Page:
Monday, 2 March 2015

Whale of a time

Last Wednesday  turned out to be a near perfect day. The weather was sunny, mild and reasonably still so we headed off to Whiteness in the hope that the Pilot Whale was still about. Arriving early we scanned the area where it had been seen the day before, but nothing so I walk along the road to the west.

Reaching the far end of the road I could see some large splashes in the distance and looking through binoculars I could see a large object but it was too far away to see what.


It was not coming any closer so I turned back and met up with Jim Nicholson who had seen nothing, the same with George Graham who had just arrived and had parked next to the grave yard. After a short look around we set off to go north but just at the last spot where we could see the Voe I spotted a large fin on the other side  WHALE !!!!!!!!!!!!!!!!!!!!!!!!!!!!!!!!!!!!!

Reaching Nesbister and the large white house, the Pilot whale showed again but it had gone back into the middle of the Voe and stayed there throughout. The whale had been present since Saturday so it was surprising that it was still about, today Wednesday being the 5th day. Yesterday Brian Gray managed some close photos, but trying to photograph any whales is difficult as they only surface briefly and you never know where it will come up.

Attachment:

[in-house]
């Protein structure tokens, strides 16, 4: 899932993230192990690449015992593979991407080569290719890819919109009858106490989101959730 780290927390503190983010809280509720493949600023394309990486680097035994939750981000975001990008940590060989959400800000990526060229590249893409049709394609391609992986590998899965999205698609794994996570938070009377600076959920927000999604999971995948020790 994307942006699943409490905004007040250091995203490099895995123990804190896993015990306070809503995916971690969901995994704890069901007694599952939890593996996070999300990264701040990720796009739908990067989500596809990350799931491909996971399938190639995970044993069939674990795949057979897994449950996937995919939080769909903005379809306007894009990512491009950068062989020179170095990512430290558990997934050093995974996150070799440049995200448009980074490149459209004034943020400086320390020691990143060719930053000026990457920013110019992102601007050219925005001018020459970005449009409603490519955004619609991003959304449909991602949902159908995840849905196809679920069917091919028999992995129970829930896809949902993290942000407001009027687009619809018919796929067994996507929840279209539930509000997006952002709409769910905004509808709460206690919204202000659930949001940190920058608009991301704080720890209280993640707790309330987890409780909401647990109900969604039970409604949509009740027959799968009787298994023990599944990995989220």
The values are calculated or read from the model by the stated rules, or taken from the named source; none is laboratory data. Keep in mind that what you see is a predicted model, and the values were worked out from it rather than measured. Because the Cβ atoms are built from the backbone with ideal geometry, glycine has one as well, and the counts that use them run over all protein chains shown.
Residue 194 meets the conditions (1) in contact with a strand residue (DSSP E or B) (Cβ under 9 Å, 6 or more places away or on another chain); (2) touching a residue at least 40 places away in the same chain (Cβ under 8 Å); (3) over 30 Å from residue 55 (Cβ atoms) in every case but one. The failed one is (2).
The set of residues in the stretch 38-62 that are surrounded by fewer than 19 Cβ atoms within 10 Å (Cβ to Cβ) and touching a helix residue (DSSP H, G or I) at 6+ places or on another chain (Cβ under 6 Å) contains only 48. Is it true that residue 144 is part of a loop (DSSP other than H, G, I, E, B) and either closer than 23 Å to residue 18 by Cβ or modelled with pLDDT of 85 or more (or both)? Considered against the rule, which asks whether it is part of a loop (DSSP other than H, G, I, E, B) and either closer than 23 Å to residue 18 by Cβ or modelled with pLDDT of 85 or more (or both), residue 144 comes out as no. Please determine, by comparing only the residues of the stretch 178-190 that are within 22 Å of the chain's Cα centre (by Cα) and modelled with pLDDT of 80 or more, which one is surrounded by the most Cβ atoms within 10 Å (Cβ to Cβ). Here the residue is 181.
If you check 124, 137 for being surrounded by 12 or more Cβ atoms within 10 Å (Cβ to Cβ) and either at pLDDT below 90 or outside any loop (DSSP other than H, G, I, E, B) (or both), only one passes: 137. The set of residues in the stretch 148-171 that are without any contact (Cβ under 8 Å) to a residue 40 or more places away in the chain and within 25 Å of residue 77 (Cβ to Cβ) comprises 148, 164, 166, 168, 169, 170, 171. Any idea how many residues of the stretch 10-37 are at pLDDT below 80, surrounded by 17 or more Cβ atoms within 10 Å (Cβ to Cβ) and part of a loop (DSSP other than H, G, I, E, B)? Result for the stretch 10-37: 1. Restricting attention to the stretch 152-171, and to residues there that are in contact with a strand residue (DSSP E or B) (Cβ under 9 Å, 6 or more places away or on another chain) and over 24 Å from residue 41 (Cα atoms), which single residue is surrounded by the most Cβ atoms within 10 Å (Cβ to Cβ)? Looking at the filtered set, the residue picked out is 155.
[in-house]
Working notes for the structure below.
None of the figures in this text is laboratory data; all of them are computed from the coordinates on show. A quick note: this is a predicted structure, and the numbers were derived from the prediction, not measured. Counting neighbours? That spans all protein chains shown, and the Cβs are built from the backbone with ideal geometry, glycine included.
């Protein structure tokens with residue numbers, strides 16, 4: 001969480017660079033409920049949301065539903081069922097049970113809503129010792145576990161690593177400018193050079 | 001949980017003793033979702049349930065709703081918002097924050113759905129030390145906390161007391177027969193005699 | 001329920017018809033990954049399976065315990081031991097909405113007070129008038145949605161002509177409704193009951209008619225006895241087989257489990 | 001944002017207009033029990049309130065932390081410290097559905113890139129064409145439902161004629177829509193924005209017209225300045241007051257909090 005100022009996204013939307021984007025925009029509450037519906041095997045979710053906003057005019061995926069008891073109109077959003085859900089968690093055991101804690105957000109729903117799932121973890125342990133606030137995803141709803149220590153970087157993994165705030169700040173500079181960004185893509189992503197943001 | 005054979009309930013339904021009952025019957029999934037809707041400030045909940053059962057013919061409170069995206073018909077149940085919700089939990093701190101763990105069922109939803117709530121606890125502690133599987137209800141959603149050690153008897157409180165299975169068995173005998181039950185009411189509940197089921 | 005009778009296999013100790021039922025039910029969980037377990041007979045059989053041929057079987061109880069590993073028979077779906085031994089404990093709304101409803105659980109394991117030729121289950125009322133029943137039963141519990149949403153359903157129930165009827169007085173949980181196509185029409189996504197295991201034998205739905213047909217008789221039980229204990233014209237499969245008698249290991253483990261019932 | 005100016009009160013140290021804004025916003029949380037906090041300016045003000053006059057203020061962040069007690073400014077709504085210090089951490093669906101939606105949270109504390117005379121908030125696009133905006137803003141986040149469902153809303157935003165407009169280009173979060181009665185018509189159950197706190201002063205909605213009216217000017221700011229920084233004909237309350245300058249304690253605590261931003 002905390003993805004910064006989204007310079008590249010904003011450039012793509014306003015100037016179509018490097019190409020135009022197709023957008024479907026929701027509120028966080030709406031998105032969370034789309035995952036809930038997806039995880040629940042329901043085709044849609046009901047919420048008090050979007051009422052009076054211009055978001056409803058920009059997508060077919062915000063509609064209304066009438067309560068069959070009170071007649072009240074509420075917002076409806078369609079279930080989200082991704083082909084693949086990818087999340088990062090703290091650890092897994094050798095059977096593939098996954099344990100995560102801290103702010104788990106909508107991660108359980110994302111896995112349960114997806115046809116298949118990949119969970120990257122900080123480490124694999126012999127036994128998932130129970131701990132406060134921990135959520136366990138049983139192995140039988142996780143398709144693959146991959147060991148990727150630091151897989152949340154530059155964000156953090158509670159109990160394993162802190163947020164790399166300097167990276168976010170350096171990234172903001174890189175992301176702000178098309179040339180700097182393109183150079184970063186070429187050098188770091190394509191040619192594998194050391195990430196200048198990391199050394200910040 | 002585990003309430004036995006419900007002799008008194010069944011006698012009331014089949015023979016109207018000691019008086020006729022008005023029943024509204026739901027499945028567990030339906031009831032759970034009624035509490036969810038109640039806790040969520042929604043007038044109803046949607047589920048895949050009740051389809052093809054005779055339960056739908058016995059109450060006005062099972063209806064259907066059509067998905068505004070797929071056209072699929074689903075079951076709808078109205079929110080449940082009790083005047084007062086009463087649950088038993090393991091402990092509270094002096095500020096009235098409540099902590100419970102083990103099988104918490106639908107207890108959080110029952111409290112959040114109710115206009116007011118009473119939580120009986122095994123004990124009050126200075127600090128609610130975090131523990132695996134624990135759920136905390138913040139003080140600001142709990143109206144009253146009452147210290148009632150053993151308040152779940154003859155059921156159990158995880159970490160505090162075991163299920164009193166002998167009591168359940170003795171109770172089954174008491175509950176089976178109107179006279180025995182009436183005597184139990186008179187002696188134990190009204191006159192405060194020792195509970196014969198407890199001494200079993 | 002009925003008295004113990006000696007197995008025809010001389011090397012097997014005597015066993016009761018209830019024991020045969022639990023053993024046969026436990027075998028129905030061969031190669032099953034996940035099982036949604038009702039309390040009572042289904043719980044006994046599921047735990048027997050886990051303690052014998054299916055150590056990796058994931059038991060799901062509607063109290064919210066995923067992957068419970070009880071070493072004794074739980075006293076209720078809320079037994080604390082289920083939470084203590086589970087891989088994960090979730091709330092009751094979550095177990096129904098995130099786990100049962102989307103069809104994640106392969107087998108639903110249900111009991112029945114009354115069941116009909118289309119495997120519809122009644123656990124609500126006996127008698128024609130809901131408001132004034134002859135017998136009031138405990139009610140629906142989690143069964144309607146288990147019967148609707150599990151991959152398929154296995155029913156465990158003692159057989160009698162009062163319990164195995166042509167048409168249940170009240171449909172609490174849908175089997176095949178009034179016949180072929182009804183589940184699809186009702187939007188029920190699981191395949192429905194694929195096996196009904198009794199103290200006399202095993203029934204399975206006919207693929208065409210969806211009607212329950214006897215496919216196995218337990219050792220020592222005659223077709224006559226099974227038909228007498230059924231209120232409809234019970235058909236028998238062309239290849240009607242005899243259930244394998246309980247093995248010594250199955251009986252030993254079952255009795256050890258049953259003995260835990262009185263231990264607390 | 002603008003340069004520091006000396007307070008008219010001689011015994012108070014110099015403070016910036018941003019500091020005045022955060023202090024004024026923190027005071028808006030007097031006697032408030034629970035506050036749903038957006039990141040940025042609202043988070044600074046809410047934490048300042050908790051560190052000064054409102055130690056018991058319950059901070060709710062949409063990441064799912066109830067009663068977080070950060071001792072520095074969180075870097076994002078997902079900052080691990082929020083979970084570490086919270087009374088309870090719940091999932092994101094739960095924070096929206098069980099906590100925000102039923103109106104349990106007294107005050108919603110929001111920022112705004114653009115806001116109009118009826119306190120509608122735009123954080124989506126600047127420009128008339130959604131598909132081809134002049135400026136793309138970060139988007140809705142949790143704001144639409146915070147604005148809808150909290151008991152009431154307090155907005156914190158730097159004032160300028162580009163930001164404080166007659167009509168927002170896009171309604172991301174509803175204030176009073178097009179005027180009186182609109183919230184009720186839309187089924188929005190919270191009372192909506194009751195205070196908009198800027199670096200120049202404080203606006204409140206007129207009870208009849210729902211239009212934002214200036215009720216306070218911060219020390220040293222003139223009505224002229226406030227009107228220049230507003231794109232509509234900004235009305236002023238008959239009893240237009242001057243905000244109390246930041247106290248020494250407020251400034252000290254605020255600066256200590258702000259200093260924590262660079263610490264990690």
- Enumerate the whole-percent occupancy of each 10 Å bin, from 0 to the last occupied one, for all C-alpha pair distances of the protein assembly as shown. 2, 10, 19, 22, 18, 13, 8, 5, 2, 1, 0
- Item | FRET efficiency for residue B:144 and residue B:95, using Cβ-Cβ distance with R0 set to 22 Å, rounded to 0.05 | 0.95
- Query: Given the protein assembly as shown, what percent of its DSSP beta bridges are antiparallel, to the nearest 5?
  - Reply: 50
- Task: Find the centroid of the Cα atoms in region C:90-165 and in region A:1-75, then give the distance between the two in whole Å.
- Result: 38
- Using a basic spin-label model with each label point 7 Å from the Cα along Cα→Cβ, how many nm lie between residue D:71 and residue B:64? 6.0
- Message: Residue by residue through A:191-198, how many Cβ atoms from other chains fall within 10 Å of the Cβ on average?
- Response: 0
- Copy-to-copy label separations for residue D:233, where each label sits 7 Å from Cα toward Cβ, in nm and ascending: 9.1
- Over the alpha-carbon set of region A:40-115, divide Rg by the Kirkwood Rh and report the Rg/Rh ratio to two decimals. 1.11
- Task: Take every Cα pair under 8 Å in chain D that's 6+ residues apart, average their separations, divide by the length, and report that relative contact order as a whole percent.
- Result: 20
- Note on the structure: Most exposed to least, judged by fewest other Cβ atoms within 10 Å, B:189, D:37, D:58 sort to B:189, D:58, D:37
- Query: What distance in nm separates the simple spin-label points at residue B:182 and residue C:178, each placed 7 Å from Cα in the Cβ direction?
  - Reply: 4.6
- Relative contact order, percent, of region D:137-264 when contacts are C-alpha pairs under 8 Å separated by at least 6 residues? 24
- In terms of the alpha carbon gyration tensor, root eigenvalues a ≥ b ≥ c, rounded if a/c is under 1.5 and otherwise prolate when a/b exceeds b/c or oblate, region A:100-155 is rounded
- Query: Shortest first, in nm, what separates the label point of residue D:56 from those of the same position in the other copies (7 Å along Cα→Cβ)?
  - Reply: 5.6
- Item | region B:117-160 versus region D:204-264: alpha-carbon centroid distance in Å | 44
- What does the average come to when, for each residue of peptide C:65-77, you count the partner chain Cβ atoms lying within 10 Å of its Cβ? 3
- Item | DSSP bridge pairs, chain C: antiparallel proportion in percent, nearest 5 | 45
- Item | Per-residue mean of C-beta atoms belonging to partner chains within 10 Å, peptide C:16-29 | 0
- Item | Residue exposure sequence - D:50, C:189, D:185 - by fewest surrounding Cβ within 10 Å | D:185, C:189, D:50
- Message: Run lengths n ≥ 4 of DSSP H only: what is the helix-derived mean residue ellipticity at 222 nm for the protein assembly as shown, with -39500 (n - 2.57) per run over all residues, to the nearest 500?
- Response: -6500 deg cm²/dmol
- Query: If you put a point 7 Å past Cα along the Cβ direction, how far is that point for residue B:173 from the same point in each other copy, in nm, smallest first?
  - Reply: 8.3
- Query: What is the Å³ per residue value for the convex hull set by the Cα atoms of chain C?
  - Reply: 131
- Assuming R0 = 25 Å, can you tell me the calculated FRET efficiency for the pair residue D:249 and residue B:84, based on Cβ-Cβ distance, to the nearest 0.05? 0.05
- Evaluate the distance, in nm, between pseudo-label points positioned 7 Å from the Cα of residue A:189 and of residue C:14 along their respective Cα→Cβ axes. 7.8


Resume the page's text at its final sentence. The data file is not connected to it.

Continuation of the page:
This one seem to work the same spot, surfacing twice quickly before a long dive and then moving sometimes a considerable distance.
For most of the time only the fin showed but just every now and then some of the body would show. Some people have said it may be ill but it seem to have plenty of energy and moved freely. It may have been part of a pair, one was washed up at Ireland near Bigton a few days ago, looking very white in  colour so would have been dead for a few days before it was found. So in fact it may have been in morning for its partner, after all these are very intelligent mammals

We then drove north passing the site where multiple turbines will be sited, what a shame as it is a superb valley. We arrived at our next destination this time to look for Otters but despite a two hour search none could be found, although it looked an ideal spot with plenty of fresh otter spraints, although on this occasion the tide was going out, not the best time.

Although we didn't go birding we did see the following:
Iceland Gull, Whooper swan, Greylag, Raven, Hoodie, Starling, Sparrow, Wren,Twite, Blackbird, Fieldfare, Redwing, Long Tailed Duck, Red Breasted Merganser, Eider, Wigeon, Mallard, Teal, Kittiwake, Common Gull, GTBB, Herring Gull, Fulmar, Curlew, Turnstone, Redshank, Oystercatcher, Purple Sandpiper ,Snipe, Rock Dove, Rook, Wood Pigeon, Shag, Black Guillemot, Gannet, Rock Pipit, (36 species)

Pilot Whales grow up to 6.7 m (male) and 5.7 m (Female), they can be long lived estimated at around 45-60 years. Long Finned Pilot Whales are the ones found around our shores and the young usually stay with their parents. Mass stranding of this species are common and if one is sick they strand together, such is the bond. They normally feed on squid and other fish.

This species is frequently killed by the Faroe islands and Norway, with the meat exported to Japan. Often meat contains lots of contaminates

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